Strengths and limitations Ideally, a review of treatment effectiveness should be based on randomised studies to reduce the risk of bias. However, no randomised trials comparing HAART/ARV monotherapy with no antiretroviral therapy were identified. Therefore, observational studies were included, and although attempts were made to address the risk of confounding in the analyses, the potential for bias cannot be excluded. A strength of this Impact of antiretroviral therapy on liver disease progression and mortality in patients co-infected with HIV and hepatitis C: Systematic review and meta-analysis systematic review was the statistical pooling of studies (where possible) on the association between HAART and liver-disease progression in patients co-infected with HIV and HCV. There were too few studies to conduct meta-regression or further subgroup analyses to explore the moderating effects of several relevant factors, including age, liver-disease severity, time since HCV/HIV infection and alcohol abuse. Generalisability of the findings In most studies, most patients had a history of injection drug use (IDU), or their drug use was not reported. Patients with a history of IDU are likely to differ in significant ways from those with haemophilia. Although the results from studies of patients with haemophilia did not differ significantly from those from other populations, the unique circumstances of patients with haemophilia should be considered when interpreting the results from patients without haemophilia. Most studies included in the review were conducted in Europe; none was from the UK. Potential differences in the management of HIV/HCV co-infection across different health systems may limit the applicability of the review findings to co-infected populations in the UK. Conclusions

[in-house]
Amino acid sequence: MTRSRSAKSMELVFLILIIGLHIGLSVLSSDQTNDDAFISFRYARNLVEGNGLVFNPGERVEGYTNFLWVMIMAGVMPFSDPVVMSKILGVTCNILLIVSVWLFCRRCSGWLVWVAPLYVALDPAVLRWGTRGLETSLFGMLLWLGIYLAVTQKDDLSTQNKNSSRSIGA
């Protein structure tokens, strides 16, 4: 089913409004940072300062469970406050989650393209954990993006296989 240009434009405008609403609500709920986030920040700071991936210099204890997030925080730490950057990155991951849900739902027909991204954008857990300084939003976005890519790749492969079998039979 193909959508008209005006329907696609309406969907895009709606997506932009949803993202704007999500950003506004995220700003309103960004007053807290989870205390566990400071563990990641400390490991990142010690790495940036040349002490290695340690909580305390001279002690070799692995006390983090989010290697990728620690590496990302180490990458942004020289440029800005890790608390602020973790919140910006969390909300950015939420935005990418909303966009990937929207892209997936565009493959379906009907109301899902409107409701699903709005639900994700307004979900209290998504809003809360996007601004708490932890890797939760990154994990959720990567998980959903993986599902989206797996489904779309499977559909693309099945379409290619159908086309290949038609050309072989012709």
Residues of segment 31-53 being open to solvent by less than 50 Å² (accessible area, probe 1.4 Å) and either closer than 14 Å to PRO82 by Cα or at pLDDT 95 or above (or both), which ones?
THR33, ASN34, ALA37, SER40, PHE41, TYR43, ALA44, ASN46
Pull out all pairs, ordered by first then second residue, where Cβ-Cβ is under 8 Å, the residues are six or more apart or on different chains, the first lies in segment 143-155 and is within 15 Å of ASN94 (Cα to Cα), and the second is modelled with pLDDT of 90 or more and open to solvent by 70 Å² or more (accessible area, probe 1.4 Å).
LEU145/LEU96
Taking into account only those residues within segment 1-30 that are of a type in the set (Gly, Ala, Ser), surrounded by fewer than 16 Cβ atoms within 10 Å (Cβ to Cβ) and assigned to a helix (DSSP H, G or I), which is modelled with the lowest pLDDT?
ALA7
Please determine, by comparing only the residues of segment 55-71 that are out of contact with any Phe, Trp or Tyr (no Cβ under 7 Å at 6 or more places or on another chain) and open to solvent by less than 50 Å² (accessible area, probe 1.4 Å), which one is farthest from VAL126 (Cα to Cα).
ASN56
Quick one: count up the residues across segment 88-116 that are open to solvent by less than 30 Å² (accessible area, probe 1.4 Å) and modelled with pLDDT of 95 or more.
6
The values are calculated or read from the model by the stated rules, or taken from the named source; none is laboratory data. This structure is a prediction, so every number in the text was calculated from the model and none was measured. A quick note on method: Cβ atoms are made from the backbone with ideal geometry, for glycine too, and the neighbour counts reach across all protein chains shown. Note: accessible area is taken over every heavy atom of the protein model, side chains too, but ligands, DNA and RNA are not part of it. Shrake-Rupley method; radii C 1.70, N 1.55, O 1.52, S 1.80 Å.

The use of HAART was associated with significantly reduced liver-related mortality in patients co-infected with HIV and HCV. Evidence of a positive association with liver-disease progression was less clear, but there was no evidence to suggest that the absence of HAART or ARV monotherapy was preferable. Implications for policy and clinical practice This review supports the use of HAART in patients co-infected with HIV and HCV, and suggests that it has benefits on liver-related mortality in addition to its known impact on HIV-related morbidity and mortality. Further research Given the common use of HAART in HIV management, a systematic review on the acute and chronic effect of different HAART regimens would be useful. Similarly, a systematic review addressing patients' experiences of HAART, for example acceptance of the intervention, would be useful. Further research is required on the impact of HAART on liver-disease progression and the mechanisms by which liver-disease mortality is reduced with HAART.
1. Background